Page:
All-in-all, Gang Beasts is a fun multiplayer romp that’s best enjoyed with a few friends after a couple of beers, but doesn’t hold up nearly as well once you try to take the party online. The derpy characters, intentionally awkward controls, and daft physics will bring plenty of laughs in a room full of pals, but become more frustrating as a solo experience. Ultimately, once you’ve played a few rounds in each mode there isn’t an awful lot of meat on the bone; Gang Beasts is an admittedly tasty morsel, it just carries the price tag of a prime cut.
I can’t call G-Darius HD anything other than a run-of-the-mill arcade shoot ‘em up. While the capture ball and beam duelling are fun wrinkles to the gameplay, they aren’t enough to make the game stand out against a myriad of other titles in the same genre. The achievements and graphics updates are nice but I struggle to look past its short run time and genesis as an arcade cabinet that’s designed to eat your money. Sadly, this just isn’t an ideal console title. Fans of the genre will be overjoyed to have G-Darius HD available in their games library, but I don’t think it will capture many hearts outside of those players who forever yearn for the glory of the arcade High Scores table.
Trying to replicate the adventure book style with a grisly horror twist and reality bending plot line is an admirable undertaking, but I’m afraid there isn’t enough attention to detail to pull it off without a lot of confused eyebrow raising along the way. I certainly applaud the attempt here, but I’d say that Retrace comes off as more ‘pick your poison’ than ‘decide your own fate’ in the end.
As a lover of both wildlife documentaries and videogames I absolutely wanted to fall in love with AWAY, but the rough edges of the gameplay and some bugginess proved just too much of a burr under the saddle to be entirely enjoyable. The frustrating gliding controls, a rogue camera, and a smattering of weird and wonderful bugs throws salt on the rich earth of a great idea. The premise is a marvellous one and I applaud the team at Breaking Walls for doing just that – smashing down another wall of what can be made into a videogame. I hope that the team continues with their ‘Survival Series’ and works to bring more playable nature stories to life in the future – I have every faith that this could be a wonderful franchise with only some refinement.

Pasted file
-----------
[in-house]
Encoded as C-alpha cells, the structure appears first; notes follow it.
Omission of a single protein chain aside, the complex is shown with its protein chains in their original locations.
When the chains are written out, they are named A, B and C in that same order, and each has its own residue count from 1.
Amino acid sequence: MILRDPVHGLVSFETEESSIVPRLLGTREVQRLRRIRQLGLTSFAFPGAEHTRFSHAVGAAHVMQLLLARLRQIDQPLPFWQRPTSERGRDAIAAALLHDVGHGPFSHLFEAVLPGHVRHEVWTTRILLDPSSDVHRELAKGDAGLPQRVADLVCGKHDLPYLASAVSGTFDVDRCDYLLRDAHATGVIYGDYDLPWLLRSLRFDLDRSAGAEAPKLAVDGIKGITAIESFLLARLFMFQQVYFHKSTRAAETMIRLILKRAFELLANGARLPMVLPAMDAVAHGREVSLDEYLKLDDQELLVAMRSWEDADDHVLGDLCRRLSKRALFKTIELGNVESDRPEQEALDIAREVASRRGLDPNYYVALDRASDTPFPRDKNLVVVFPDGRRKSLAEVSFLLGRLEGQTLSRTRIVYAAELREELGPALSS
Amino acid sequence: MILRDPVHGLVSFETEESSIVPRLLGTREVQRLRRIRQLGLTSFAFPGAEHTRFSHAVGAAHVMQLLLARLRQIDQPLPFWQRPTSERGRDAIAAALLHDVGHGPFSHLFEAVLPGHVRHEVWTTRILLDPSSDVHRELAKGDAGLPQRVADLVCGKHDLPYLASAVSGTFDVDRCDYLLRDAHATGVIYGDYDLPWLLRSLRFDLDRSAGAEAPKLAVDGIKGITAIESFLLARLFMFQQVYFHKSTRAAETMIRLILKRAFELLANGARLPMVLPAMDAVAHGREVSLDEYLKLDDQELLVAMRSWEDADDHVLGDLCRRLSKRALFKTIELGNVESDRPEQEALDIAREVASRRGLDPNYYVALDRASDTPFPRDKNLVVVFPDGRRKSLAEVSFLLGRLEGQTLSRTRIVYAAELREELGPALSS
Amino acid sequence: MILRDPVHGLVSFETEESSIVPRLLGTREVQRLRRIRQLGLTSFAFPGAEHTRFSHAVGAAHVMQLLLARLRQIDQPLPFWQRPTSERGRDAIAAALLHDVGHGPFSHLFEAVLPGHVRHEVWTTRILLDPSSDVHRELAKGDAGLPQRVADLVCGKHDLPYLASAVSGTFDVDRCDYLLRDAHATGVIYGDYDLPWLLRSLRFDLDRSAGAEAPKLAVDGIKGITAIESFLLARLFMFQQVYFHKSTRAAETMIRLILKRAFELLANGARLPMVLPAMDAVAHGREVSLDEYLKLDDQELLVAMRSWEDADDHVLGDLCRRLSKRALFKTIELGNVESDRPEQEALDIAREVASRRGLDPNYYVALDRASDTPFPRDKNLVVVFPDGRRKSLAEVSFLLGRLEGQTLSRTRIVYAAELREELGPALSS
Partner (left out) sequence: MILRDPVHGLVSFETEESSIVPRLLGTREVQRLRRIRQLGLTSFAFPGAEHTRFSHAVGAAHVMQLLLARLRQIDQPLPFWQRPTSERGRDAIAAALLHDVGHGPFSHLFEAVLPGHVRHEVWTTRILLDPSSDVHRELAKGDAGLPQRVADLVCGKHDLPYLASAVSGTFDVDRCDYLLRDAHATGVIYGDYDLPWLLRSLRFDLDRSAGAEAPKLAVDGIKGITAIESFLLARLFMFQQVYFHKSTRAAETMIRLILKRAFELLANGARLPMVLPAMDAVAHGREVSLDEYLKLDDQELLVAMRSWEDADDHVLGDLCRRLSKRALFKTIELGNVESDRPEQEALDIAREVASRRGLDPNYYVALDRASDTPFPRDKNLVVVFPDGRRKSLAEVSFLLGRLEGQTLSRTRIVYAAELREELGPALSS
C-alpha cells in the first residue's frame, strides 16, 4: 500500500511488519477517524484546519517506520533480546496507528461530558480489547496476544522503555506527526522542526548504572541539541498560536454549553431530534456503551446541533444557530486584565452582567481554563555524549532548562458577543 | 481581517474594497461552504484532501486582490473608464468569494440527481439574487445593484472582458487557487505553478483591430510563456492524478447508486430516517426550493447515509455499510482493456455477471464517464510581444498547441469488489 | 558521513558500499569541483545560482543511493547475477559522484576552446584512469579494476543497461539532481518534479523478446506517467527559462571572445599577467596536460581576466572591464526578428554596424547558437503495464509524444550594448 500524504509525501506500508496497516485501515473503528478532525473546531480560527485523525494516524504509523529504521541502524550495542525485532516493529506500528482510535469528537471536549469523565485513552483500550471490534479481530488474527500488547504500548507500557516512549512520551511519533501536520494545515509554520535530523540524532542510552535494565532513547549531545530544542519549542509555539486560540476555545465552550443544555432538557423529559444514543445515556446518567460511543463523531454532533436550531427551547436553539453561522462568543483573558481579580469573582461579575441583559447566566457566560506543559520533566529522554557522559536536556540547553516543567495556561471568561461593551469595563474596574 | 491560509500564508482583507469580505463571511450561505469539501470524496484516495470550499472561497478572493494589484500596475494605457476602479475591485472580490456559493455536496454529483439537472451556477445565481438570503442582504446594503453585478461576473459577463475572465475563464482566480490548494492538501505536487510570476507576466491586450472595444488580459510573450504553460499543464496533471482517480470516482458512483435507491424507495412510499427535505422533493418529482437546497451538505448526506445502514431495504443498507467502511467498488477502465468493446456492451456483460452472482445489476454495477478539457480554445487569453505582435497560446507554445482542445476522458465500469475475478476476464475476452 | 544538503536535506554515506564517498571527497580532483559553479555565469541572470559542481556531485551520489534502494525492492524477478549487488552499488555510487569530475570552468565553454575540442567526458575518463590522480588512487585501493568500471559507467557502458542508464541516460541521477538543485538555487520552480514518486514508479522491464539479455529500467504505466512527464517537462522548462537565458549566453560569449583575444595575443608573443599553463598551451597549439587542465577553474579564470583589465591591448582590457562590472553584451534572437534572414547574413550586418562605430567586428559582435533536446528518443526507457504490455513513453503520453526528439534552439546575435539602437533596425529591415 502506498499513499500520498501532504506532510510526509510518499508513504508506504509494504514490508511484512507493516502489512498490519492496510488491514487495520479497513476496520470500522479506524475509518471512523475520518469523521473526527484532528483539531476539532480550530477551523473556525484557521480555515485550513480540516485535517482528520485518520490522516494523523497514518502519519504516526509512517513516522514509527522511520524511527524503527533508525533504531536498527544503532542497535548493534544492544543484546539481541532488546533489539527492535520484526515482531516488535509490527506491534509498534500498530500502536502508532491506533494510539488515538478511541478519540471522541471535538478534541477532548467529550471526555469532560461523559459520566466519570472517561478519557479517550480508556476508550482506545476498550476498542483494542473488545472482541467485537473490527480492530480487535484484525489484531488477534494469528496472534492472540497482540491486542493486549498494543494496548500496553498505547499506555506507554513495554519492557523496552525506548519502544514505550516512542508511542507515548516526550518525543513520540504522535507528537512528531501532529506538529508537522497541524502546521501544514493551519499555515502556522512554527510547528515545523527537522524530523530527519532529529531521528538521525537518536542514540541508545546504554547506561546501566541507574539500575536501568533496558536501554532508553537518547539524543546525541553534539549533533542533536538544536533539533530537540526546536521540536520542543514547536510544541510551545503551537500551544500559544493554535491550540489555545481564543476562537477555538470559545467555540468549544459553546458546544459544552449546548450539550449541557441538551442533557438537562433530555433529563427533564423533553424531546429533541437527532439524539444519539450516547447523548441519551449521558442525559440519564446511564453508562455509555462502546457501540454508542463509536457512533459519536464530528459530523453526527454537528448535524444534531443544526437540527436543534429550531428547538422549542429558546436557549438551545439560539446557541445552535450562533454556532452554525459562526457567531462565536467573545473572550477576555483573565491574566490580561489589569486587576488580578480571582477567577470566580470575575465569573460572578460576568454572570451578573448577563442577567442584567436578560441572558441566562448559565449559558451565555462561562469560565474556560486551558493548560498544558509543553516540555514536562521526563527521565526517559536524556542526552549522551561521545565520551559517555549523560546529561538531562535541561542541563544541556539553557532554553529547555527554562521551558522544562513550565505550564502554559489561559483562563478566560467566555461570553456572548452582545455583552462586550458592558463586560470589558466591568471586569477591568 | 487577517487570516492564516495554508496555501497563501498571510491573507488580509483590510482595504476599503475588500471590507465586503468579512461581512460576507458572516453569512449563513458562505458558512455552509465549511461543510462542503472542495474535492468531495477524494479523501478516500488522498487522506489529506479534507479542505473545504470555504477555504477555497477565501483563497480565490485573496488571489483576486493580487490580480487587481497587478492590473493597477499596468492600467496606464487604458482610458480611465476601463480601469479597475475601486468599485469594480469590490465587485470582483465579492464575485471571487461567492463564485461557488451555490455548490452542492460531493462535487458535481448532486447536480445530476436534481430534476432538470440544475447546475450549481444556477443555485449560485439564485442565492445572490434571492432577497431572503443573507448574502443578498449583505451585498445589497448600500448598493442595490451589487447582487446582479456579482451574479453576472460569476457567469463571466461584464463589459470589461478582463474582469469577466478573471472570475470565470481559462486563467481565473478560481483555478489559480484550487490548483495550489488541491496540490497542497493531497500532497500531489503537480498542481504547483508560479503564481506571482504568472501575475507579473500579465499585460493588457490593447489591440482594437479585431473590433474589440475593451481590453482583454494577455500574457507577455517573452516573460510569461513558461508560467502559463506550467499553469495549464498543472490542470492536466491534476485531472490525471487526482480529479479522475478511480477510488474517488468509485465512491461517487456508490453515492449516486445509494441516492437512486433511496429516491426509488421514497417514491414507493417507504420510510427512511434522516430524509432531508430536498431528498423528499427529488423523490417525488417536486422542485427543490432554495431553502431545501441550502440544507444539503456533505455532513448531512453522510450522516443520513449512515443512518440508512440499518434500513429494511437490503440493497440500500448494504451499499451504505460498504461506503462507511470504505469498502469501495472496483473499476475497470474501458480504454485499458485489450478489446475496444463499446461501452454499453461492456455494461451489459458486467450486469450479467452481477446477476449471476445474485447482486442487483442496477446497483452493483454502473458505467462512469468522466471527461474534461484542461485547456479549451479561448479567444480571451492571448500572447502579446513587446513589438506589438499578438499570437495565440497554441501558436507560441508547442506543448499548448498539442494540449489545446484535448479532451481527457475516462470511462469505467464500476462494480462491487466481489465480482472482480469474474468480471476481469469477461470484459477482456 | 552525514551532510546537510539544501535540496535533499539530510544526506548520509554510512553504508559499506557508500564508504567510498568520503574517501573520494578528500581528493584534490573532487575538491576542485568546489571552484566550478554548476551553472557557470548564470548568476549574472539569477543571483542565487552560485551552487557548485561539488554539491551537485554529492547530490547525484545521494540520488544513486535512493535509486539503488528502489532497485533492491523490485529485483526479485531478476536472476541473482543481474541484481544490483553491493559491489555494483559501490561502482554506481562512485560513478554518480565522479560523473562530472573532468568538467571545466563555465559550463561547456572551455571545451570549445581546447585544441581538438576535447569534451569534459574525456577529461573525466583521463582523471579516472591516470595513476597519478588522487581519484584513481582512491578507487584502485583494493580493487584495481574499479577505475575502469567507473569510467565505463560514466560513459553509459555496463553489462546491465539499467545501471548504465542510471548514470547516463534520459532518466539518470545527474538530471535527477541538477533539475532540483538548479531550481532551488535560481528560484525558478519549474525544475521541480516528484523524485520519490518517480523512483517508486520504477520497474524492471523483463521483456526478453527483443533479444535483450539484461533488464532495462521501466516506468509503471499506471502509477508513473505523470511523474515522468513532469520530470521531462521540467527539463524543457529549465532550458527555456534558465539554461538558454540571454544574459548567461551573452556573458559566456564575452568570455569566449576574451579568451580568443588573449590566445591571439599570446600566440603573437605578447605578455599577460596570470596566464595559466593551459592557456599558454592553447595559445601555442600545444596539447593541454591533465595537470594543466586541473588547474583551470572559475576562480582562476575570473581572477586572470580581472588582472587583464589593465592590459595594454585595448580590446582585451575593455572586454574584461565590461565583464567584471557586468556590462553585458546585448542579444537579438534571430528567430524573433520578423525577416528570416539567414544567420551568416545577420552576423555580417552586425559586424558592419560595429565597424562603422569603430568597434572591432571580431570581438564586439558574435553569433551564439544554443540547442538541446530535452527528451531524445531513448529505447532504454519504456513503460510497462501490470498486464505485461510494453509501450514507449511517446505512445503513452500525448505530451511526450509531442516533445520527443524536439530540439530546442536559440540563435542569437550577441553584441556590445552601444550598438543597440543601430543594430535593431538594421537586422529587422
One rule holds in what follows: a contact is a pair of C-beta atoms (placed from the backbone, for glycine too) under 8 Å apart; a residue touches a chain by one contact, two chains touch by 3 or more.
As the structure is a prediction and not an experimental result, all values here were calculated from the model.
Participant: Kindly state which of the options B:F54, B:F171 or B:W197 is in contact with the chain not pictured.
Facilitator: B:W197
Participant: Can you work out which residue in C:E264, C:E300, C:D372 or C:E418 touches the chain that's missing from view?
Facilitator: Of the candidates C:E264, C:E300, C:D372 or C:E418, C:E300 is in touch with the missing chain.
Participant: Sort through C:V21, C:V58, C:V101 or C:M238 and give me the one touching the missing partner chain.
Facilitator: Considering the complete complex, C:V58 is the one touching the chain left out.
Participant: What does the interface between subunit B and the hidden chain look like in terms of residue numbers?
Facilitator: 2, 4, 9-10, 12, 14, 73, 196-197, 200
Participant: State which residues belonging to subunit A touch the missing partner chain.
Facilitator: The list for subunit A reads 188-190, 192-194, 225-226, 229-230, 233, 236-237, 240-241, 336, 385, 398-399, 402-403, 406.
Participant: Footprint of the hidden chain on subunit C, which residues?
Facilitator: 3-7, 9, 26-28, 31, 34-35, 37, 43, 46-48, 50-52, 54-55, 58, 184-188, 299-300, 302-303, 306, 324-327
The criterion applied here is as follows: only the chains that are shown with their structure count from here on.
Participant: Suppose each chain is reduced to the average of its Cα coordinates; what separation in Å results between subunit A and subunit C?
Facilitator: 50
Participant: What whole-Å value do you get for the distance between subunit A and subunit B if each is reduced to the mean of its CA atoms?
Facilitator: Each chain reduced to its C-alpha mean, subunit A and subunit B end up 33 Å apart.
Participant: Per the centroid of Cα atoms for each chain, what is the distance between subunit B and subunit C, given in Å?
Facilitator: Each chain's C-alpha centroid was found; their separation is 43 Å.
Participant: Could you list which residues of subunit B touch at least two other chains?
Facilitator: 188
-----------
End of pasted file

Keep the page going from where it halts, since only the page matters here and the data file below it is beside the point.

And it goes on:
Triple Take is a new school precision platformer with an old school vibe; fans of the 8-bit era will feel right at home with the blocky sprites, simple colour schemes and fun (but limited) soundtrack. There’s enough variety in the levels to keep you interested, though it does undermine the premise a little, and the physics aren’t as tight as I would personally ask for, but boy, does it deliver on storytelling. The plot of Triple Take carries so much more water than I expected from a platformer, and the immersive, fourth-wall breaking ride is an absolute treat. Whilst not without its flaws, I encourage platform fans to give Triple Take a go - it’s an experience that you’ll not forget quickly.
Egglia: Rebirth is a fun, if repetitive, turn-based JRPG that wears it’s mobile origins with pride. With some pretty graphics, catchy soundtrack and simple mechanics, it’s easy to lose an enjoyable hour or so here and there between more substantial games. Had the dungeons had less of a cookie cutter feel and shown some gameplay (rather than just aesthetic) differences, it could have been a great little game, but the repetition turns things stale long before you’re finished. That said, I’d still recommend this to players who are fans of a mobile RPG and looking to transition to console with something familiar, or to younger fans who are dipping their toes into RPGs for the first time.